New Releases for the Week of November 30, 2018


THE POSSESSION OF HANNAH GRACE

(Screen Gems) Shay Mitchell, Grey Damon, Kirby Johnson, Nick Thune, Louis Herthum, Stana Katic, Max McNamara, Jacob Ming-Trent. Directed by Diederik Van Rooijen

A young woman dies during the course of an exorcism. Months later, a morgue attendant working the graveyard shift takes delivery of a disfigured corpse. She begins having horrifying visions and begins to suspect that the corpse may be possessed by a demonic force. Formerly known as Cadaver, the movie has been bouncing around the release schedule for more than a year.

See the trailer here
For more on the movie this is the website

Release Formats: Standard
Genre: Horror
Now Playing: Wide Release

Rating: R (for gruesome images and terror throughout)

Border

(NEON) Eva Melander, Eero Milonoff, Jorgen Thorsson, Ann Petrén. A customs office has the uncanny knack of being able to sniff out the guilt of smugglers – literally. One day a mysterious man walks past her and for the first time in her life, confounds her senses. This leads her down the rabbit hole of secrets and incredible revelations, into strong feelings and choices of whether to live a life or an uncomfortable truth.

See the trailer and a clip here
For more on the movie this is the website

Release Formats: Standard
Genre: Drama
Now Playing: Enzian Theater

Rating: R (for some sexual content, graphic nudity, a bloody violent image, and language)

Elliot: The Littlest Reindeer

(Screen Media) Starring the voices of Josh Hutcherson, Morena Baccarin, John Cleese, Martin Short. When one of Santa’s reindeer retires unexpectedly, a frantic search for a replacement gets underway. Elliot, a horse with big dreams, heads to the North Pole to try his luck. In the interim his farm gets a new owner with nefarious plans of his own. Elliot must choose between achieving his dream and saving Christmas in doing so, or saving the lives of his friends.

See the trailer and video featurettes here
For more on the movie this is the website

Release Formats: Standard
Genre: Animated Feature
Now Playing: Epic Theaters at Lee Vista (Saturday only)

Rating: PG (for some suggestive and rude humor)

Maria by Callas

(Sony Classics) Maria Callas, Omar Sharif, Aristotle Onasis, Catherine Deneuve. The life of the iconic opera star is told in her own words.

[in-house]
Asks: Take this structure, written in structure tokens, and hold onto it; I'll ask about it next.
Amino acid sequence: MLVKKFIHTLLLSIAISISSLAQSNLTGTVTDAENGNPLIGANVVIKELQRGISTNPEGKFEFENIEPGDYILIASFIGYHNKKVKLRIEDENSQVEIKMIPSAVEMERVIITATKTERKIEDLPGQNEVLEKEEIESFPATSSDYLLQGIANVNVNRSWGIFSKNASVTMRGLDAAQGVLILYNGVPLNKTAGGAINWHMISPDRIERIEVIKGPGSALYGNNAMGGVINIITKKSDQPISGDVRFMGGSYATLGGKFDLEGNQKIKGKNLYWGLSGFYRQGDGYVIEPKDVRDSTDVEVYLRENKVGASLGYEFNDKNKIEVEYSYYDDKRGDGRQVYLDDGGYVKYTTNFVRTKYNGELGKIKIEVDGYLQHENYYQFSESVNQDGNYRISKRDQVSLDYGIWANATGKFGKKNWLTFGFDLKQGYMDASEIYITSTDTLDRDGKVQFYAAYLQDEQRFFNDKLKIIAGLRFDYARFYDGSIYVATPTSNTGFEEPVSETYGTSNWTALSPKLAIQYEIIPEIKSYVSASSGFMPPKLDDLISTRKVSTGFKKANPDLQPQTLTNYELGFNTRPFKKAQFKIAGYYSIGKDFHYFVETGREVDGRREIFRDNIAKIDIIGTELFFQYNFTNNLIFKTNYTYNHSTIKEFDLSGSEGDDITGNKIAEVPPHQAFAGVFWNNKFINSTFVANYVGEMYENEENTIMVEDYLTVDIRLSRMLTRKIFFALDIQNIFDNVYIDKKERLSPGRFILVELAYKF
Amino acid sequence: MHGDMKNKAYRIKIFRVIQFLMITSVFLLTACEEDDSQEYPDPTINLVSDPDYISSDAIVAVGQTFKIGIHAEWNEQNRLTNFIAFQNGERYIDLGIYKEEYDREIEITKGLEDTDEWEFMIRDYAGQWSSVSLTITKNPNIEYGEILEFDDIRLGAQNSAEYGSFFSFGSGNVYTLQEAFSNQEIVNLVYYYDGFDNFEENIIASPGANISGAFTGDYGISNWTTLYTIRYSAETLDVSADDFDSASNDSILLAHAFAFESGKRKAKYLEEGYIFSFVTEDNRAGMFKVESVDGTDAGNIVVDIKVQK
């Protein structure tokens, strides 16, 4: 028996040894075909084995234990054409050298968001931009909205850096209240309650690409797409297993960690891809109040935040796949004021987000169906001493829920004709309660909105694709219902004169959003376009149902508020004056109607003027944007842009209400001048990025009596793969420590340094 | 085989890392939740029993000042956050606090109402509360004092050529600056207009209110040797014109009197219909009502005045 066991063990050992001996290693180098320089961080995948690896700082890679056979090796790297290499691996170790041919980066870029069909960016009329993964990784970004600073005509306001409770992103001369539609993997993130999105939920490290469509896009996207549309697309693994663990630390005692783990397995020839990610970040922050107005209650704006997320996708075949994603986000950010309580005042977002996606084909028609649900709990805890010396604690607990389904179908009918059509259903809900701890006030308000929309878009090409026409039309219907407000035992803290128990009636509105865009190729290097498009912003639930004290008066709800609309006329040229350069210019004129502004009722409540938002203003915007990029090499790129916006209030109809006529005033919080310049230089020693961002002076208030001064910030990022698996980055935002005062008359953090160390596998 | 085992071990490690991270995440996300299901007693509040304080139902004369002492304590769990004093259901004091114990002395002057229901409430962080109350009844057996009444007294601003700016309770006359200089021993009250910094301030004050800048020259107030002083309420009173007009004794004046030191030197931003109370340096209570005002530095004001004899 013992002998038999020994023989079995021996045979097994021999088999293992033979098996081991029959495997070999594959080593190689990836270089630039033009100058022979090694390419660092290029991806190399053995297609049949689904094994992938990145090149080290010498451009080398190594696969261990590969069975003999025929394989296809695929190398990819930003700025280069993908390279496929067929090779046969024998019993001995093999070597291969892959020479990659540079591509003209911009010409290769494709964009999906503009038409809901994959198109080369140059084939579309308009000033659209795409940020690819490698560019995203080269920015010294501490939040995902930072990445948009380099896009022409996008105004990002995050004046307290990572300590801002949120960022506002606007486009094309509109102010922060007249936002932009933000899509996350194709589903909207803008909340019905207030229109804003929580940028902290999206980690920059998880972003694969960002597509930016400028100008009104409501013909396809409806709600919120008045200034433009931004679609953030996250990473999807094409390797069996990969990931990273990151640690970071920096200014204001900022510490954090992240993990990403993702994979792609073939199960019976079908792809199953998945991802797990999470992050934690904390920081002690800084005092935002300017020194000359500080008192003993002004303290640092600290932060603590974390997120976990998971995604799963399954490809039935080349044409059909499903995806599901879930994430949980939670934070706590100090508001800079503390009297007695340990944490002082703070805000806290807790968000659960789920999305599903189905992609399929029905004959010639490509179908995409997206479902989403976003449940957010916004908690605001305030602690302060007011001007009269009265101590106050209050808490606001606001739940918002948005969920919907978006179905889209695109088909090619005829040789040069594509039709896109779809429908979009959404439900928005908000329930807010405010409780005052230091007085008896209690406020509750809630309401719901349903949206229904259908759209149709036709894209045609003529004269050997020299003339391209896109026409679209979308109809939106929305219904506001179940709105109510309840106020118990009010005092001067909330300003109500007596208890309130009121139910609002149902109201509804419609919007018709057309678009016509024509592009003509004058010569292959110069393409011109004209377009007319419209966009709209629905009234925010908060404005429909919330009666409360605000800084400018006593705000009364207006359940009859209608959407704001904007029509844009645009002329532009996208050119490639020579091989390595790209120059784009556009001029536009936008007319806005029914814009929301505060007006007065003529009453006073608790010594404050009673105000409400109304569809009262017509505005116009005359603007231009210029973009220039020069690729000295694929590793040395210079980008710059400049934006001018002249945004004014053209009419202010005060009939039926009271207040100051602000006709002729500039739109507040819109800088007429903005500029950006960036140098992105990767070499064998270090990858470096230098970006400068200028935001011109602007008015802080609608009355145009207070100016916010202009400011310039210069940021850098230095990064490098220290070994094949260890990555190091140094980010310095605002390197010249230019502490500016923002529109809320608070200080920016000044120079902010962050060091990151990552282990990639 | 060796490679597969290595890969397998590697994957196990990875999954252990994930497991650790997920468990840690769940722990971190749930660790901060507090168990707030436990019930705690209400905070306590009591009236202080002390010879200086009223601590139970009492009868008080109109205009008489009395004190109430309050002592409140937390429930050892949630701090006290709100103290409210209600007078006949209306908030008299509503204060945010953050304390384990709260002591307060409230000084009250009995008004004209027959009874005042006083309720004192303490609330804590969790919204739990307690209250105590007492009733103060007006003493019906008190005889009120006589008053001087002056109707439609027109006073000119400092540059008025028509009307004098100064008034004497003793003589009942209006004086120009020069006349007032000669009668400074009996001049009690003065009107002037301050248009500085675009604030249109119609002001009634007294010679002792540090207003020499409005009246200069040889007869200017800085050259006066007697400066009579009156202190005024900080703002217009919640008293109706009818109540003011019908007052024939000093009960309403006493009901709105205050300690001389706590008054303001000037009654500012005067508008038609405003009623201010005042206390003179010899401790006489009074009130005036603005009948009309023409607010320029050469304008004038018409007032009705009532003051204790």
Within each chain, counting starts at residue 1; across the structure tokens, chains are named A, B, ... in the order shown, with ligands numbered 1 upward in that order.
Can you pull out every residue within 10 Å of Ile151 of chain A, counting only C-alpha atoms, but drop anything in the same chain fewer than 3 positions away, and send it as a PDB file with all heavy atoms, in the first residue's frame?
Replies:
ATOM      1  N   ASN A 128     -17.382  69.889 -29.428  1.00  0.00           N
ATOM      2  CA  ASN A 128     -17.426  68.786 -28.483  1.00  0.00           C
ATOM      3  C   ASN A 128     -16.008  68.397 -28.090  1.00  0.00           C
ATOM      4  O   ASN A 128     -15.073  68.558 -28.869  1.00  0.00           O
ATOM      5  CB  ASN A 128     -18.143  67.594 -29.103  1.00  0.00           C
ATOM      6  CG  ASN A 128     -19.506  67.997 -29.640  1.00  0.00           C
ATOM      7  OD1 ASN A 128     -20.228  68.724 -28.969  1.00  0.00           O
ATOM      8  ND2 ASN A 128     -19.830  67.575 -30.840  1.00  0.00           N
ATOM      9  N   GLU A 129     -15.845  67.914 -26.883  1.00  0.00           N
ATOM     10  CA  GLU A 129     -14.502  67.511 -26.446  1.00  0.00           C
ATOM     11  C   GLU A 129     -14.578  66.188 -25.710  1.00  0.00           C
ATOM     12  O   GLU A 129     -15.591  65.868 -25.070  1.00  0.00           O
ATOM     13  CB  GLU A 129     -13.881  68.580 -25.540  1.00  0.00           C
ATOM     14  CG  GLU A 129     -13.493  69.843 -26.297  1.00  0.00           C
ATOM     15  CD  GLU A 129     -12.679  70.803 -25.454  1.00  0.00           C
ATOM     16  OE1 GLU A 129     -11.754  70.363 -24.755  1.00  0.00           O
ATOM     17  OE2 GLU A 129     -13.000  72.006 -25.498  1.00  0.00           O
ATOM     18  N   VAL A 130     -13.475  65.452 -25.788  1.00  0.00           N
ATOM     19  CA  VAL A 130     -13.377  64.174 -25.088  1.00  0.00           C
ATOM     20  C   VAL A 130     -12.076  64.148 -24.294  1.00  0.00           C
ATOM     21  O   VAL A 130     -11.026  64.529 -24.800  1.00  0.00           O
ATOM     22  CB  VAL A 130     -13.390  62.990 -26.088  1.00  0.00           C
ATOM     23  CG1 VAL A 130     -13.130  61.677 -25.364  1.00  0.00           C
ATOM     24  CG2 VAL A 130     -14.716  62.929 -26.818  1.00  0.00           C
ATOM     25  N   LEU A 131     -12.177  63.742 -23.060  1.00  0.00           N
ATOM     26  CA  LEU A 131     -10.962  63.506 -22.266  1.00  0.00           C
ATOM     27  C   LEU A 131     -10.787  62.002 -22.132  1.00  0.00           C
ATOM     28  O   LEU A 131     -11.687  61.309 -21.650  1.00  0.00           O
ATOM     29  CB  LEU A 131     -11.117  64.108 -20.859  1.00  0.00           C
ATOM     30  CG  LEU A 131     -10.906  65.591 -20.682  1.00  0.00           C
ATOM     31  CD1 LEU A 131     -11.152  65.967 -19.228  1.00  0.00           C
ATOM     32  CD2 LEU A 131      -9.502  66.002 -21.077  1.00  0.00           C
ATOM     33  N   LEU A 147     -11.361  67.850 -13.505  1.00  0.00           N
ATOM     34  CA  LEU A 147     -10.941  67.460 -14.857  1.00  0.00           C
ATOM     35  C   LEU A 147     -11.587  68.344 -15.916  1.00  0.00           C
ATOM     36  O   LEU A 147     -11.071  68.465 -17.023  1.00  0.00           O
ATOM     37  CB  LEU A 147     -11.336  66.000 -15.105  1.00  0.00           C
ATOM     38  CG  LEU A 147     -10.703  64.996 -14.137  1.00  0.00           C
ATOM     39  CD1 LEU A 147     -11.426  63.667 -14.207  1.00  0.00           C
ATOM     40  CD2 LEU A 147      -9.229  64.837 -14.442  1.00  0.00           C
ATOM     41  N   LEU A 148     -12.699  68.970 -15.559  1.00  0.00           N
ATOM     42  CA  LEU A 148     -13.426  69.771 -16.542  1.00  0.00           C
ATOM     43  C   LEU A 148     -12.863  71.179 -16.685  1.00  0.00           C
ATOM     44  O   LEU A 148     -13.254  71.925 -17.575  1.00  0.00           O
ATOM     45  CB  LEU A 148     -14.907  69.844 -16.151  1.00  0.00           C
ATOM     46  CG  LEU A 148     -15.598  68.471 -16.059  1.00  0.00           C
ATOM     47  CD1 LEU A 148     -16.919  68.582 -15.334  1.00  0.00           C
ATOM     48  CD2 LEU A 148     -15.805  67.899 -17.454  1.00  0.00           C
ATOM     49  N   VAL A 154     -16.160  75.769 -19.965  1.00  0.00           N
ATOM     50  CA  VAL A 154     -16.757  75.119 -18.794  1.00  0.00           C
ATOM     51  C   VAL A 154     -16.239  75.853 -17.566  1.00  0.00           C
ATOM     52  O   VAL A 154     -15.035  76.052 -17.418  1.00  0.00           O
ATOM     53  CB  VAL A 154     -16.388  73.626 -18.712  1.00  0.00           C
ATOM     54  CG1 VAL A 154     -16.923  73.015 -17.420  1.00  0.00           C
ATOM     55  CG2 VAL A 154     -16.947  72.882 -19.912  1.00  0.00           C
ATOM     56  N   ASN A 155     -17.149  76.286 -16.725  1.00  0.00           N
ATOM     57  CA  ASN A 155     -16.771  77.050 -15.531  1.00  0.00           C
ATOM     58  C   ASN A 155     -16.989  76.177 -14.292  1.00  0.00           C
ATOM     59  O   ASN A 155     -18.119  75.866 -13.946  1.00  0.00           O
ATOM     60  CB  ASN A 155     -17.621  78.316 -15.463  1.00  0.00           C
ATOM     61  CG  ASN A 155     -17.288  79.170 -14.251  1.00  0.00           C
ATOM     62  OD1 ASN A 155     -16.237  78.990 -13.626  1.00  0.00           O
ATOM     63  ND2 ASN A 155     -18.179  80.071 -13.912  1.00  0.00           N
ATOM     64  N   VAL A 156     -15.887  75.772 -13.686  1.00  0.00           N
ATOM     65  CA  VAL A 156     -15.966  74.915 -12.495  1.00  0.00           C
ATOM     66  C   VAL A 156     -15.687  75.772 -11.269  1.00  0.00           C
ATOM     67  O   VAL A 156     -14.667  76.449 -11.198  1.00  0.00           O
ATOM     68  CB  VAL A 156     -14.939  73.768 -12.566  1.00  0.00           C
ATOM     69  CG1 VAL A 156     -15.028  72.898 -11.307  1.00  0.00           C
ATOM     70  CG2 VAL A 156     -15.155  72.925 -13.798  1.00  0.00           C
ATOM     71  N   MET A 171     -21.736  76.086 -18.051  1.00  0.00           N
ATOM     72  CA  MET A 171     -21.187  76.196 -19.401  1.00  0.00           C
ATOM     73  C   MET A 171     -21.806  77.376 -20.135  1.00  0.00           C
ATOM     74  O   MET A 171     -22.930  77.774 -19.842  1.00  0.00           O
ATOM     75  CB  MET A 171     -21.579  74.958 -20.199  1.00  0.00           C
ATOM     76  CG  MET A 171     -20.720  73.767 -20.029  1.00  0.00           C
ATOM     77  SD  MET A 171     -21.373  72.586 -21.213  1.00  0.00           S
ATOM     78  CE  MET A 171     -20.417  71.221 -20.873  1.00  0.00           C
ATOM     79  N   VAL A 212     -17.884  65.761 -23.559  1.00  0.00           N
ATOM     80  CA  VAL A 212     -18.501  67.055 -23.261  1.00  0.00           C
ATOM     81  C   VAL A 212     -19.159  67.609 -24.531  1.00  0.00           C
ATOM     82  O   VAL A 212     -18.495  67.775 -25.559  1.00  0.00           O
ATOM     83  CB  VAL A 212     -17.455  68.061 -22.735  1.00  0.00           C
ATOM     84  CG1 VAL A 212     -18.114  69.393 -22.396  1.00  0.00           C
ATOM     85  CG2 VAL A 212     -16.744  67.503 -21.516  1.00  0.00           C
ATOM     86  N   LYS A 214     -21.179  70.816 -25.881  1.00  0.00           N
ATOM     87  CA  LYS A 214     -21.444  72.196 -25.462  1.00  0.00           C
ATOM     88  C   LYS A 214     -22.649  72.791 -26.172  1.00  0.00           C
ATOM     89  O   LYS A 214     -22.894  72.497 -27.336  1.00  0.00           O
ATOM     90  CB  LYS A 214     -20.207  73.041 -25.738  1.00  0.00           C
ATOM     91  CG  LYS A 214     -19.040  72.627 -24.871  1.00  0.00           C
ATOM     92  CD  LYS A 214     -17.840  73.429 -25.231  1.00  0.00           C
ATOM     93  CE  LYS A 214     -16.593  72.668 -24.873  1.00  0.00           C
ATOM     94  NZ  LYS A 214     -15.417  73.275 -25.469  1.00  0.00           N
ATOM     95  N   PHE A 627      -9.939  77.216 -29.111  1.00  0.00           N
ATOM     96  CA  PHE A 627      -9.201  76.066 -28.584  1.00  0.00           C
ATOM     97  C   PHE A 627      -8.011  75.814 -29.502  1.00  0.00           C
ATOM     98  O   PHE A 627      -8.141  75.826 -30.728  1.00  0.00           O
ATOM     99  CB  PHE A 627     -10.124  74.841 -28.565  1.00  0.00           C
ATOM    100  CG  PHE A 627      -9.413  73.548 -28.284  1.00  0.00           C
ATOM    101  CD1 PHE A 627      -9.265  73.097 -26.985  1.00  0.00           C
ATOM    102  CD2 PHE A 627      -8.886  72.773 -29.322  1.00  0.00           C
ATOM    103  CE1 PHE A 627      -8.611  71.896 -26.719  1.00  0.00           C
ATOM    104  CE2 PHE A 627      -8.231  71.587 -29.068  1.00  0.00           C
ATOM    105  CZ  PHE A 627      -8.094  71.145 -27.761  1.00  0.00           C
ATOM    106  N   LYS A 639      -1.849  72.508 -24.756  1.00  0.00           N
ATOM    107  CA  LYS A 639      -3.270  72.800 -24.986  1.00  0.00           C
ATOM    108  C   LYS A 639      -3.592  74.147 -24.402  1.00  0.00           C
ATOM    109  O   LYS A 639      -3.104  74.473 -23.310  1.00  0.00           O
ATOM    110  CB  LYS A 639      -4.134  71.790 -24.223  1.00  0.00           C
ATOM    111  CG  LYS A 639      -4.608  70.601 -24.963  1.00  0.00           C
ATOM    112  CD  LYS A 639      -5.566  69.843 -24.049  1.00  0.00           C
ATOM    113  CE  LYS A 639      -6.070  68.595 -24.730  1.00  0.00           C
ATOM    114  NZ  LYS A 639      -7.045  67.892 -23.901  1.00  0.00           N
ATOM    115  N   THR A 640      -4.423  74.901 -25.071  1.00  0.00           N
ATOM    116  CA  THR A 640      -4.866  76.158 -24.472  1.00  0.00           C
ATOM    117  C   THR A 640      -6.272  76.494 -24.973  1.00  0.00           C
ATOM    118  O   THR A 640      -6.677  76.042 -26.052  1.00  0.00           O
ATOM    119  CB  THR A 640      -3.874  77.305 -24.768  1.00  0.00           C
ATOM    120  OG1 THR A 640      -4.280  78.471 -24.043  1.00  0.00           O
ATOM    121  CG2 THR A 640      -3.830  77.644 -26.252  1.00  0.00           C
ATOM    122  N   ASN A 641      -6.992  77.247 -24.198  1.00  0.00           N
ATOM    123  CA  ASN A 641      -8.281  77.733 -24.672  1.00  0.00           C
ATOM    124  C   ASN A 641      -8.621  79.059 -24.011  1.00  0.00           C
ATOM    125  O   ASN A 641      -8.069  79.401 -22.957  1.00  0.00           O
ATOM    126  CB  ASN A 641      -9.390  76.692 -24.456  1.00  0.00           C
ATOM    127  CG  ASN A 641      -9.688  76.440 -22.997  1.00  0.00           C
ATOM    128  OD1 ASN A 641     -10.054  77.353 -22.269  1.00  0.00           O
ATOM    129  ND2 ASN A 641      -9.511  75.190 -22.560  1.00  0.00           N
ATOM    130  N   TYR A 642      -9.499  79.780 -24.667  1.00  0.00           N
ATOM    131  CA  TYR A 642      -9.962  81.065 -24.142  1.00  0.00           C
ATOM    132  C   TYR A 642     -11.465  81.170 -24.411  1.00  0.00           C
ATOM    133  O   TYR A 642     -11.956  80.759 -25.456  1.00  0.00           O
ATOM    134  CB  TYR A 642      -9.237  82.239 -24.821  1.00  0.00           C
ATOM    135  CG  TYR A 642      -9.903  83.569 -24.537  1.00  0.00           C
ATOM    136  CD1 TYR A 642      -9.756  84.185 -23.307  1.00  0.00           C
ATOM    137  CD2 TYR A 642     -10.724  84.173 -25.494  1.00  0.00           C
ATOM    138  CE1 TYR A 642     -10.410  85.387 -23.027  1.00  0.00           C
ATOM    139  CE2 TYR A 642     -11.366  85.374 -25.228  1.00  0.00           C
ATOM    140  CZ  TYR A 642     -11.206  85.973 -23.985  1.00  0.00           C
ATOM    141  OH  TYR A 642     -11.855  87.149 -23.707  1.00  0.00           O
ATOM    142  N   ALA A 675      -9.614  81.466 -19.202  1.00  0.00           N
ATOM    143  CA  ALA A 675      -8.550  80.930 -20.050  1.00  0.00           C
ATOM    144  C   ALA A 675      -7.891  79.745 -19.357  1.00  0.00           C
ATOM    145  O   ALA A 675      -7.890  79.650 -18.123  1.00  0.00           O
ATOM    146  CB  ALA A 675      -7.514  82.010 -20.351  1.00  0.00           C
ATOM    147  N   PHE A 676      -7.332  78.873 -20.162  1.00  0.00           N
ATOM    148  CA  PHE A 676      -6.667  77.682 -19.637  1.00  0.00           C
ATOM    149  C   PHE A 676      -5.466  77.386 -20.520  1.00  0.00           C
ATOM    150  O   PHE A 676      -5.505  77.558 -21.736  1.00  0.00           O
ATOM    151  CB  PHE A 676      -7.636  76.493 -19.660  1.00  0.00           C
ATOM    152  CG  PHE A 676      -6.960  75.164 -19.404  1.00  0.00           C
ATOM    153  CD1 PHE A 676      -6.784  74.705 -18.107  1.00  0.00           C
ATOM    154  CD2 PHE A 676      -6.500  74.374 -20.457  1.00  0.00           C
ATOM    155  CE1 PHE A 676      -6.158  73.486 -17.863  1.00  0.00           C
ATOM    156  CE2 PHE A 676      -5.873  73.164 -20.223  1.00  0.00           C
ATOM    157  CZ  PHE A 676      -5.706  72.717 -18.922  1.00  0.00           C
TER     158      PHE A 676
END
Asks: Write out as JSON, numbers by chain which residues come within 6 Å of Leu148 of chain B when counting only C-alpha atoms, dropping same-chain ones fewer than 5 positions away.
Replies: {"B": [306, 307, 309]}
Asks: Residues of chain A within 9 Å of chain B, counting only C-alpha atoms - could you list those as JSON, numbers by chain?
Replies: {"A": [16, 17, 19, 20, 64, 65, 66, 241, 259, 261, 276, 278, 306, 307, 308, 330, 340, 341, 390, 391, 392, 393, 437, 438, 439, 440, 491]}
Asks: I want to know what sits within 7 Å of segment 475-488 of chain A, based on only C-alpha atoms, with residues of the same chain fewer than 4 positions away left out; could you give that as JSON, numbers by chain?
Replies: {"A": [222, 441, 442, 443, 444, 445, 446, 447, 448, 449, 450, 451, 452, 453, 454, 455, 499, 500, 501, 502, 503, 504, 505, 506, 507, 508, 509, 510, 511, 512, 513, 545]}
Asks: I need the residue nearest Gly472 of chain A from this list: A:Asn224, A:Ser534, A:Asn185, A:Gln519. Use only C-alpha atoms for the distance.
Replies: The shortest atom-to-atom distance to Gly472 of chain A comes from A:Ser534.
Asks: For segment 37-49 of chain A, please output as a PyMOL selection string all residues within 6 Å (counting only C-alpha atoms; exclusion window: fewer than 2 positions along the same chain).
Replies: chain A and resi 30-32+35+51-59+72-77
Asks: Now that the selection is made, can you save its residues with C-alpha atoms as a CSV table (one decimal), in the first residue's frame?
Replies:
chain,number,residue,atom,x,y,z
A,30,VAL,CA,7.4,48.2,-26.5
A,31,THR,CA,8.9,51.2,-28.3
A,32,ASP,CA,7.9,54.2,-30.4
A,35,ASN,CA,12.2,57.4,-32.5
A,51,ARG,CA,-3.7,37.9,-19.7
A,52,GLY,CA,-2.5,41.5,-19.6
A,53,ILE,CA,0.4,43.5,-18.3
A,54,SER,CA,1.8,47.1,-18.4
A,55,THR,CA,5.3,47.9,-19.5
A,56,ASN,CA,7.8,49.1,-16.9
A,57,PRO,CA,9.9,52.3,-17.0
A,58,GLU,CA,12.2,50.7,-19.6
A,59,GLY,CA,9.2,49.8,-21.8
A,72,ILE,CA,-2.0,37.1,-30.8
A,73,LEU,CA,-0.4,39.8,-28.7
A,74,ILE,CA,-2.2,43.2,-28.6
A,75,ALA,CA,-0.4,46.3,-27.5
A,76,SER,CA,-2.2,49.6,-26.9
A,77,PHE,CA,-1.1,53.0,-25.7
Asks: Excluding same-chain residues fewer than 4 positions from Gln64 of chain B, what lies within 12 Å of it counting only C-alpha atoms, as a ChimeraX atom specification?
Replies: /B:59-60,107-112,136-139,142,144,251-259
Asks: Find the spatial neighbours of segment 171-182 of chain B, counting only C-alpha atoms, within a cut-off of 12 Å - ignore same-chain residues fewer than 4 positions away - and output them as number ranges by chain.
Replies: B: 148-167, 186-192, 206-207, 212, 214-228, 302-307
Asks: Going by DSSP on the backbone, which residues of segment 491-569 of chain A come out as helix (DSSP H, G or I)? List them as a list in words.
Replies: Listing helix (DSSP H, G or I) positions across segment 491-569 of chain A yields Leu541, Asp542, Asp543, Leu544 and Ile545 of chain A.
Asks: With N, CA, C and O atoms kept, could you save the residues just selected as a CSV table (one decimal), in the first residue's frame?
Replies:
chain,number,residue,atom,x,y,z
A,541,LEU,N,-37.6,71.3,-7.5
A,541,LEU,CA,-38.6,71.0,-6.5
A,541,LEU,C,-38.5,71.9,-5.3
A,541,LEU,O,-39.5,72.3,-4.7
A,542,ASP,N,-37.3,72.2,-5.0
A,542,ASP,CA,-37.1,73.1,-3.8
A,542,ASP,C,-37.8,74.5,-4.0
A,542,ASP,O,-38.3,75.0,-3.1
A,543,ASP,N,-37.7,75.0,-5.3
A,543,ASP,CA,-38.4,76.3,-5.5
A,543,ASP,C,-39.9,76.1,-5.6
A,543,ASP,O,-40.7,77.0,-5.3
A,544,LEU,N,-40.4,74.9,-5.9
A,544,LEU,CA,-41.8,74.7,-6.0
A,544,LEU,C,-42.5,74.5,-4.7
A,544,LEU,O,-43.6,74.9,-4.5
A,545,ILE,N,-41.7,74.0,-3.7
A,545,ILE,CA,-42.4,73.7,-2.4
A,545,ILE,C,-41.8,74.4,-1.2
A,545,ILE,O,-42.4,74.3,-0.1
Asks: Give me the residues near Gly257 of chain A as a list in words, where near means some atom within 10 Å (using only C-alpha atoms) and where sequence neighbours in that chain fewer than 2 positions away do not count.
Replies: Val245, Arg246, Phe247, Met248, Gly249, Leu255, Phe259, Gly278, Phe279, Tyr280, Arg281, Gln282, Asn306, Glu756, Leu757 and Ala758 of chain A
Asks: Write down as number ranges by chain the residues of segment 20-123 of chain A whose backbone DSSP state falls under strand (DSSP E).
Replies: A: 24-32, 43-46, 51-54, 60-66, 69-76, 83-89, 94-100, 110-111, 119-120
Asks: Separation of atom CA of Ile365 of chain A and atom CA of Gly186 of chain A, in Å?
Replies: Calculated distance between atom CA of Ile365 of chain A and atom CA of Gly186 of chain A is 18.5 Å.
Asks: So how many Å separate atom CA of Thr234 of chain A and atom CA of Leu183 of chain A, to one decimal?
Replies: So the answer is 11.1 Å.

See the trailer and a clip here
For more on the movie this is the website

Release Formats: Standard
Genre: Documentary
Now Playing: Regal Winter Park Village

Rating: PG (for mild thematic elements, some smoking and brief language)

ALSO OPENING IN ORLANDO/DAYTONA:

2.0
12 Round Gun
The Clovehitch Killer
Mirai
Pokémon the Movie: The Power of Us
Searching for Ingmar Bergman

ALSO OPENING IN MIAMI/FT. LAUDERDALE:

2.0
A Cool Fish
Becoming Astrid
Dead in a Week (or Your Money Back)
The Great Buster
Mirai
On Her Shoulders
Oru Kuprasidha Payyan
Pokémon the Movie: The Power of Us
Return of the Hero

ALSO OPENING IN TAMPA/ST. PETERSBURG:

2.0
Blood Brother
Dark Was the Night
Pokémon the Movie: The Power of Us

ALSO OPENING IN JACKSONVILLE/ST. AUGUSTINE:

The Great Buster

SCHEDULED FOR REVIEW:

Border
Elliot: The Littlest Reindeer
The Possession of Hannah Grace

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Agnelli


The Prince of Italy surveys his kingdom.

(2017) Documentary (HBO) Gianni Agnelli, Maria Sole Agnelli, Henry Kissinger, Lee Radziwill, Jackie Rogers, Vendeline von Bredow, Anna Mucci, Nicolo Caracciolo, Cristiana Brandolini,,Gianni Riotta., Valentino, Diane von Furstenberg, Jennifer Clark, Reinaldo Herrera, Isabella Ratazzi, Giorgio Garuzzo, Alain Elkann, Valerio Castronovo, Taki Theodoracopulos, Ginerva Elkann. Directed by Nick Hooker

 

Certain people come along in life who by force of personality become symbols for both good and ill. Our current President, for example, is a symbol of things that depending on your political persuasion may either fill you with hope or with disgust. Malala Yousafzai has become a symbol of extraordinary courage and for women’s rights. Jackie Kennedy, in her day, became a symbol of elegance and grace.